Private Assembly Library
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Private assemblies can only be used by one application. They are copied to a subdirectory of that application and, effectively, become a part of that application. Application installation only requires a copy operation. No component registration is required.
The disadvantage of using private assemblies is that they have to be copied into every application that uses it. This results in increased disk space requirements on the target machine - the same private assembly is copied to disk multiple times - and in memory requirements - the same DLL loaded from different locations is seen by Windows as a different module and is allocated separate physical memory.
Note: When Windows loads the same physical module (DLL) into multiple address spaces (processes) it allocates the same physical memory (RAM) to multiple processes. It then maps different virtual addresses (from each process) to the same physical address. This reduces RAM requirements when DLLs are used by many processes. To prevent processes from changing each other's memory, this common area is marked copy on write (see Copy-on-Write Protection).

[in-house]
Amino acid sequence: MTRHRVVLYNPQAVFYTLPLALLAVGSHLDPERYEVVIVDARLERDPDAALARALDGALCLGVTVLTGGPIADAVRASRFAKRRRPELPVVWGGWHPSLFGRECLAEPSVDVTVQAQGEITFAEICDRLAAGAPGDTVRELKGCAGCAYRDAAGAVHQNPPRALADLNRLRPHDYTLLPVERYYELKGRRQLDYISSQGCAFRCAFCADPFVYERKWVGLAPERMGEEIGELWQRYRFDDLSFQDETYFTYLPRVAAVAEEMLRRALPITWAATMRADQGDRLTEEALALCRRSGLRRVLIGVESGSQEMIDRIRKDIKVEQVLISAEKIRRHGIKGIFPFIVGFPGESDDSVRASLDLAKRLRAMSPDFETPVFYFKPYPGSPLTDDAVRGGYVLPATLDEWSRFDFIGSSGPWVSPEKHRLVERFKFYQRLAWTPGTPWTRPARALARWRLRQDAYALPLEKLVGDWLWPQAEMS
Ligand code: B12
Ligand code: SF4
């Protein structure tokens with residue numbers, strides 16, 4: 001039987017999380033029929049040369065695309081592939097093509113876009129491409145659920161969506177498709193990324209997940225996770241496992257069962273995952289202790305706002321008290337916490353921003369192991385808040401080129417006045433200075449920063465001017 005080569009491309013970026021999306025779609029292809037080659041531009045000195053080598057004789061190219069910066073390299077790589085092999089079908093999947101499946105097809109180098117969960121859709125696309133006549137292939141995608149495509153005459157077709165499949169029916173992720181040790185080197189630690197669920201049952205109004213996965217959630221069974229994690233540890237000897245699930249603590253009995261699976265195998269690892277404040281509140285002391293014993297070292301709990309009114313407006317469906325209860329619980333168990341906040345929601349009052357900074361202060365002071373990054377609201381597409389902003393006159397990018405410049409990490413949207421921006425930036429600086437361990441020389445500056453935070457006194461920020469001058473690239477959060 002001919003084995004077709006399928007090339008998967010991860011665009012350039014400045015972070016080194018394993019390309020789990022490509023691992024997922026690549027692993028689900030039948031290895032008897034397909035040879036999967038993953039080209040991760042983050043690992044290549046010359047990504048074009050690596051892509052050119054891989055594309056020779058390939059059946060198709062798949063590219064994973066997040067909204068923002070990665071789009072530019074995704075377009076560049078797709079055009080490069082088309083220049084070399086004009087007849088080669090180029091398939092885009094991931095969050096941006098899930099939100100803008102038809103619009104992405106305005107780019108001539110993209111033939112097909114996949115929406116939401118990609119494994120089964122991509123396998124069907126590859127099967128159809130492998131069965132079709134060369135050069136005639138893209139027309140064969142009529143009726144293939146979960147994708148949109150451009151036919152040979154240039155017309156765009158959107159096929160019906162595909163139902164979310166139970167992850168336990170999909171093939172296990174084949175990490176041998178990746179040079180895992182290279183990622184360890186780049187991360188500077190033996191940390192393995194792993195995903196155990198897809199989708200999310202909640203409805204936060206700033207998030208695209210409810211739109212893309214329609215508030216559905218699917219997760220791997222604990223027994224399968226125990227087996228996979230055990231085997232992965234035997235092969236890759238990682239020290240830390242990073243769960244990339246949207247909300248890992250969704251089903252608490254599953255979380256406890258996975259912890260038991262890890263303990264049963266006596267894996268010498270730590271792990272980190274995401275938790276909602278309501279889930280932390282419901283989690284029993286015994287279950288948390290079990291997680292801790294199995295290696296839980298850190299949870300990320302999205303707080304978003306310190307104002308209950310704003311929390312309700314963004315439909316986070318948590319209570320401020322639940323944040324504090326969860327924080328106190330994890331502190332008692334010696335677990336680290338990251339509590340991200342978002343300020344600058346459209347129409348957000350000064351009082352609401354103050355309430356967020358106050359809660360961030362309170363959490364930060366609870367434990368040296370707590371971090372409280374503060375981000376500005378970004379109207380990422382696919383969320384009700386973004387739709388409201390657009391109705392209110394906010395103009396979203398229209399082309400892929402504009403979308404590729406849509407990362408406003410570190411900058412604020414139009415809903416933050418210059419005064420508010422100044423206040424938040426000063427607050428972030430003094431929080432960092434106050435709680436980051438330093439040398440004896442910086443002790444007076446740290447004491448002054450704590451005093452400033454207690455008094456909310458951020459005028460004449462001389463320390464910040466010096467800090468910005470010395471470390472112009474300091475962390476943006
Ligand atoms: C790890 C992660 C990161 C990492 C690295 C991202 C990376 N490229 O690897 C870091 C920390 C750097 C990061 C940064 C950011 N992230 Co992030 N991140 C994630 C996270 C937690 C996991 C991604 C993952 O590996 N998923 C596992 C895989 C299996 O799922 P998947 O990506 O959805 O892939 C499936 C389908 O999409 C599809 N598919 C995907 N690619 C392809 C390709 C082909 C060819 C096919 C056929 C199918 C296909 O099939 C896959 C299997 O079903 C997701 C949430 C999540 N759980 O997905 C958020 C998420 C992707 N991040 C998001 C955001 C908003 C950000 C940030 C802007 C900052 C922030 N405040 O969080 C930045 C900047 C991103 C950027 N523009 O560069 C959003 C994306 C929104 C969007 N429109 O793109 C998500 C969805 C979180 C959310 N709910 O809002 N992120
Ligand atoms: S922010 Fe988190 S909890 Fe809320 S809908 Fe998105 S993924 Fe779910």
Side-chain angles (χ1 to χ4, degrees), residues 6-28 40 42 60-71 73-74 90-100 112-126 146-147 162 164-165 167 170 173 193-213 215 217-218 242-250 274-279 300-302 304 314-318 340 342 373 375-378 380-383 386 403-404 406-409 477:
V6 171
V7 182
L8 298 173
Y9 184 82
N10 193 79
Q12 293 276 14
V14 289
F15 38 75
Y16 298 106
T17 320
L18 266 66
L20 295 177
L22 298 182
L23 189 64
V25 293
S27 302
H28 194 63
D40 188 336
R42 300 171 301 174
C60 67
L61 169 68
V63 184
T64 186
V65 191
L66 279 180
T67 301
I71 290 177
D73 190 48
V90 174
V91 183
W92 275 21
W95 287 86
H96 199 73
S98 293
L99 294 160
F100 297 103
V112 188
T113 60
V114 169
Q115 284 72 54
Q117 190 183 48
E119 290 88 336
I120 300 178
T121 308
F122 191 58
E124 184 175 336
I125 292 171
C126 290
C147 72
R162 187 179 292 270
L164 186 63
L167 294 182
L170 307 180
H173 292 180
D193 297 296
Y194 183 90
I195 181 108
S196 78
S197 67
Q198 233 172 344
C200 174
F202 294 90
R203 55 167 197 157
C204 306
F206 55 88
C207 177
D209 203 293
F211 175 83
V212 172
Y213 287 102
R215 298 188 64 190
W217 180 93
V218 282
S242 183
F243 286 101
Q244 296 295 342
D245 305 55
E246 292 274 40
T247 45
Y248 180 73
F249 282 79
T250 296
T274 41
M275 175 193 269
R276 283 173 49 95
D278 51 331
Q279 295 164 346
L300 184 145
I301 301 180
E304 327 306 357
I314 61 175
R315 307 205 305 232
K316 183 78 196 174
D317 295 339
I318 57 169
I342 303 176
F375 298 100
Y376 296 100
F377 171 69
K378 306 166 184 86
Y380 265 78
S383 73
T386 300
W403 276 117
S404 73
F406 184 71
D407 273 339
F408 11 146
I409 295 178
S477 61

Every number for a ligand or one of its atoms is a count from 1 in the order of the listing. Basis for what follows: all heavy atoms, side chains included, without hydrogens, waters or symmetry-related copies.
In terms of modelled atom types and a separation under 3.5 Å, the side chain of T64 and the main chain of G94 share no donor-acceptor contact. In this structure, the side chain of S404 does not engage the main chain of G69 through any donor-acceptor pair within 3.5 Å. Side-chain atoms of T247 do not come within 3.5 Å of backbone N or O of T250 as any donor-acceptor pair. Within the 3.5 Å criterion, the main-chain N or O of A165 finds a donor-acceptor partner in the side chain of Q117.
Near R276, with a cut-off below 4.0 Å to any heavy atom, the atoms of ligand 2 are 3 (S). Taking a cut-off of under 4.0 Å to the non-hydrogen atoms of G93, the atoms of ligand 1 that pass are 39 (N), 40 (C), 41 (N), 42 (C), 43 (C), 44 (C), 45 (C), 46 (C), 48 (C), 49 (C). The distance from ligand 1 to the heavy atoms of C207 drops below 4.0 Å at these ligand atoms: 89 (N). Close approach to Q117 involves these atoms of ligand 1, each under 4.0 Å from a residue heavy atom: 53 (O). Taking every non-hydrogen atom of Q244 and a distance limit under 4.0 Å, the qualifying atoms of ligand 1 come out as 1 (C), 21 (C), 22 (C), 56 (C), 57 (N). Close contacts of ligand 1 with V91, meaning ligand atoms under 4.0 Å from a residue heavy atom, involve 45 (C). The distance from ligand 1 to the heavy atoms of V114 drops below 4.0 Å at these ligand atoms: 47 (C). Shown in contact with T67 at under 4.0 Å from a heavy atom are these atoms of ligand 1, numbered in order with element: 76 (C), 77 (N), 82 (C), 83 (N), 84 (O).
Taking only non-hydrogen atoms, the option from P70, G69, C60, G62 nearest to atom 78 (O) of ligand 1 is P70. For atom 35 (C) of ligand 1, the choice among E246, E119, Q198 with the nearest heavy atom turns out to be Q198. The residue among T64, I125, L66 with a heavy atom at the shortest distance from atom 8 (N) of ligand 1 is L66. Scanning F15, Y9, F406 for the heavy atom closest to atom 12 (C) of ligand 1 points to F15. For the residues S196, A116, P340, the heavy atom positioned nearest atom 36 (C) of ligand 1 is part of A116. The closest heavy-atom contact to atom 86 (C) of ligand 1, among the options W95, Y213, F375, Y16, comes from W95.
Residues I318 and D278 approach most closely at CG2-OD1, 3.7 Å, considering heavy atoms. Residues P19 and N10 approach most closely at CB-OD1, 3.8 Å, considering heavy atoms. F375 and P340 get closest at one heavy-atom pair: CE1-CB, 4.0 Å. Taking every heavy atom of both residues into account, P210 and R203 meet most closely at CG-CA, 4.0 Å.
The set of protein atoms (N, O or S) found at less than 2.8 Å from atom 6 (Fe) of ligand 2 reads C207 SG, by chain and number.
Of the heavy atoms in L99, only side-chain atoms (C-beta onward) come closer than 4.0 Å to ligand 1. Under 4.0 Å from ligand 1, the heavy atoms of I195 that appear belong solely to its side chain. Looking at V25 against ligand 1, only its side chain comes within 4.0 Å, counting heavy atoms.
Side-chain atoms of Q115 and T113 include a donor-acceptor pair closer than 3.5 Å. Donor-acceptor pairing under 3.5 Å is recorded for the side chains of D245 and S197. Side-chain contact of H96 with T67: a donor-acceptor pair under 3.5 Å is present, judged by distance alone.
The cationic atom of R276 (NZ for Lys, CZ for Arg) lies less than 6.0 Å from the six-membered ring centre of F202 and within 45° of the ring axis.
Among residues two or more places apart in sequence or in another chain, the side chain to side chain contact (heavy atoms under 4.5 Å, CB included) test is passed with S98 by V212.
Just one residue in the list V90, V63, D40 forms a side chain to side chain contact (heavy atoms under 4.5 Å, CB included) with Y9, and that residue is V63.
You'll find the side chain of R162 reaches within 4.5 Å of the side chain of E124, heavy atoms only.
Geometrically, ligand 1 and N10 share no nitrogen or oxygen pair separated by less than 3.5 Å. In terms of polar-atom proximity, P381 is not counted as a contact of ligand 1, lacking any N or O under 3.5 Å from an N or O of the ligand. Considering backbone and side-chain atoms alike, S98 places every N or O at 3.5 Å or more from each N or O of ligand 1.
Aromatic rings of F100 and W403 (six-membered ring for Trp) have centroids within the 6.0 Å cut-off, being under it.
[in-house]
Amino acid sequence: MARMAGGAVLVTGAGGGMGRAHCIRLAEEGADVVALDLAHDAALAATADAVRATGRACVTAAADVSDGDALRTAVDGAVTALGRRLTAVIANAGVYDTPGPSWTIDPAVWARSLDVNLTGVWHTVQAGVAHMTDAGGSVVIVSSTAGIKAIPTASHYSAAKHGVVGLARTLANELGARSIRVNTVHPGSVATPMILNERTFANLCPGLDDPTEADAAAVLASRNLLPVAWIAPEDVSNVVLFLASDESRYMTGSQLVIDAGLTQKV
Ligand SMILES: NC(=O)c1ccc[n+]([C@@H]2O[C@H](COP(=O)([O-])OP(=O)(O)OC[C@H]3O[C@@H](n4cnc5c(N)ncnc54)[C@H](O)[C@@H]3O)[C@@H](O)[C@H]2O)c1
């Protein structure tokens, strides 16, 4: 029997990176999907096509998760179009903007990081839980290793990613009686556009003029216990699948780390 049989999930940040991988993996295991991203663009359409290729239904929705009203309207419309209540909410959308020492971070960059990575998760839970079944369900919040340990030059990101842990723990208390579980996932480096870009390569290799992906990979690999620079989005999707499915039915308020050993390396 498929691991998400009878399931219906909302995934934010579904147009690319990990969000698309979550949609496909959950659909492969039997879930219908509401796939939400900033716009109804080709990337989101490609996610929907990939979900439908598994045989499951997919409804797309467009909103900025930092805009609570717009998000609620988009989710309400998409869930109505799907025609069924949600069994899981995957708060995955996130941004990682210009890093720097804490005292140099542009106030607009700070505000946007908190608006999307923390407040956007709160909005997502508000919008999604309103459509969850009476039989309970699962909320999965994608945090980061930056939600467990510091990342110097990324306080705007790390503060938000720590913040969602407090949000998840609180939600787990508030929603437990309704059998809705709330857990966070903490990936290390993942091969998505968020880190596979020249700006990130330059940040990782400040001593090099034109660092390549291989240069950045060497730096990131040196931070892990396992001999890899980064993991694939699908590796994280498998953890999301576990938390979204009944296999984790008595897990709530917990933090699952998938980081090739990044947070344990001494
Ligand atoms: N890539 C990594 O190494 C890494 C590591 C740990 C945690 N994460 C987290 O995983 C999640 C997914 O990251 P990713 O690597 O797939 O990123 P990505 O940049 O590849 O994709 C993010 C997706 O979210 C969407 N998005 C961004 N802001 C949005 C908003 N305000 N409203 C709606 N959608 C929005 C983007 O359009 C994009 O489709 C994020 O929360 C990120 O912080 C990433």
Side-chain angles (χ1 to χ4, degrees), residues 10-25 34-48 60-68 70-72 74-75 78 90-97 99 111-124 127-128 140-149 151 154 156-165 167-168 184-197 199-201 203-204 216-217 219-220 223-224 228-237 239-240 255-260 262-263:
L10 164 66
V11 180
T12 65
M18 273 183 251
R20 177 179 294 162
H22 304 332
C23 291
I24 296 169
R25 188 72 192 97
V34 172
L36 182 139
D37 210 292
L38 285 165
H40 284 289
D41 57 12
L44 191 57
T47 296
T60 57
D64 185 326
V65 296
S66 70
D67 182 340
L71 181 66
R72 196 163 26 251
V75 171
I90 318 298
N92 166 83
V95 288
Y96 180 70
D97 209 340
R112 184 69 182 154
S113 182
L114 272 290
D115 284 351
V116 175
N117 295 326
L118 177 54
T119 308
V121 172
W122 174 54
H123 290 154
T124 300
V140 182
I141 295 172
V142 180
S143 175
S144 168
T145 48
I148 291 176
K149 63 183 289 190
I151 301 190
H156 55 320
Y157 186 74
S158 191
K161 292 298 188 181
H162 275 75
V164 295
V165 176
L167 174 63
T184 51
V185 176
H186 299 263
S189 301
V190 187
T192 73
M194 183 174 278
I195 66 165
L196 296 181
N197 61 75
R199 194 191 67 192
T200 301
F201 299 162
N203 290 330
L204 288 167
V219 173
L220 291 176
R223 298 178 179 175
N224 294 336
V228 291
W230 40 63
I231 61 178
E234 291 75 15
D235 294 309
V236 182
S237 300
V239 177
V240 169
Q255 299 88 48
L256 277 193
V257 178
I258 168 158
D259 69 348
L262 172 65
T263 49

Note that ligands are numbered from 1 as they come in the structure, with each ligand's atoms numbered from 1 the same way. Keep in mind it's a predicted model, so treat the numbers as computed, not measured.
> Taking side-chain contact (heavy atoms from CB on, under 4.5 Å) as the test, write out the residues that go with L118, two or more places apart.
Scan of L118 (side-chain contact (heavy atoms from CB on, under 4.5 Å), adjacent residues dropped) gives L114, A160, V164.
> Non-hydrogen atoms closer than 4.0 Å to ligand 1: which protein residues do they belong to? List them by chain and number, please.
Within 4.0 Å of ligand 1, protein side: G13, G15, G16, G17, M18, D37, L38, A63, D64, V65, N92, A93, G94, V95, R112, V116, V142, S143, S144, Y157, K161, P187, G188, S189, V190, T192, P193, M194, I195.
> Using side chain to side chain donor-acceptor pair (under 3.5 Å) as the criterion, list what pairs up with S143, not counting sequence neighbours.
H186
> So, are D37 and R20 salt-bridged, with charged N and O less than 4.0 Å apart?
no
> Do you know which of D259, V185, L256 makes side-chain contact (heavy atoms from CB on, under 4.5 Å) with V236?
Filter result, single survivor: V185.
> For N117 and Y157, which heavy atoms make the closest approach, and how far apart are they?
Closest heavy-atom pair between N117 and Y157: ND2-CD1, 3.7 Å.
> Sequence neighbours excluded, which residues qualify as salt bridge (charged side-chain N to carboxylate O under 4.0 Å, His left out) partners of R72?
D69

It is a matter of analysis and individual decision on whether shared or private assemblies are a more suitable choice. Once you decide to use, at least some, private assemblies for multiple applications - you should consider using private assembly library.
From now on, when you choose Manifest / Private Assemblies menu option in Manifest Maker, all assemblies from the library will be listed in the dialog. When you select any of them, they will be listed in the project item list as private assemblies with a note Library.
When building application manifests (either Automatic or Assembly Manifest project type), Manifest Maker will add this assembly reference to the application manifest and test the manifest with the private assembly reference.
A common way of installing private assemblies is through the use of Microsoft Installer's Merge Modules. See MSDN Library for details.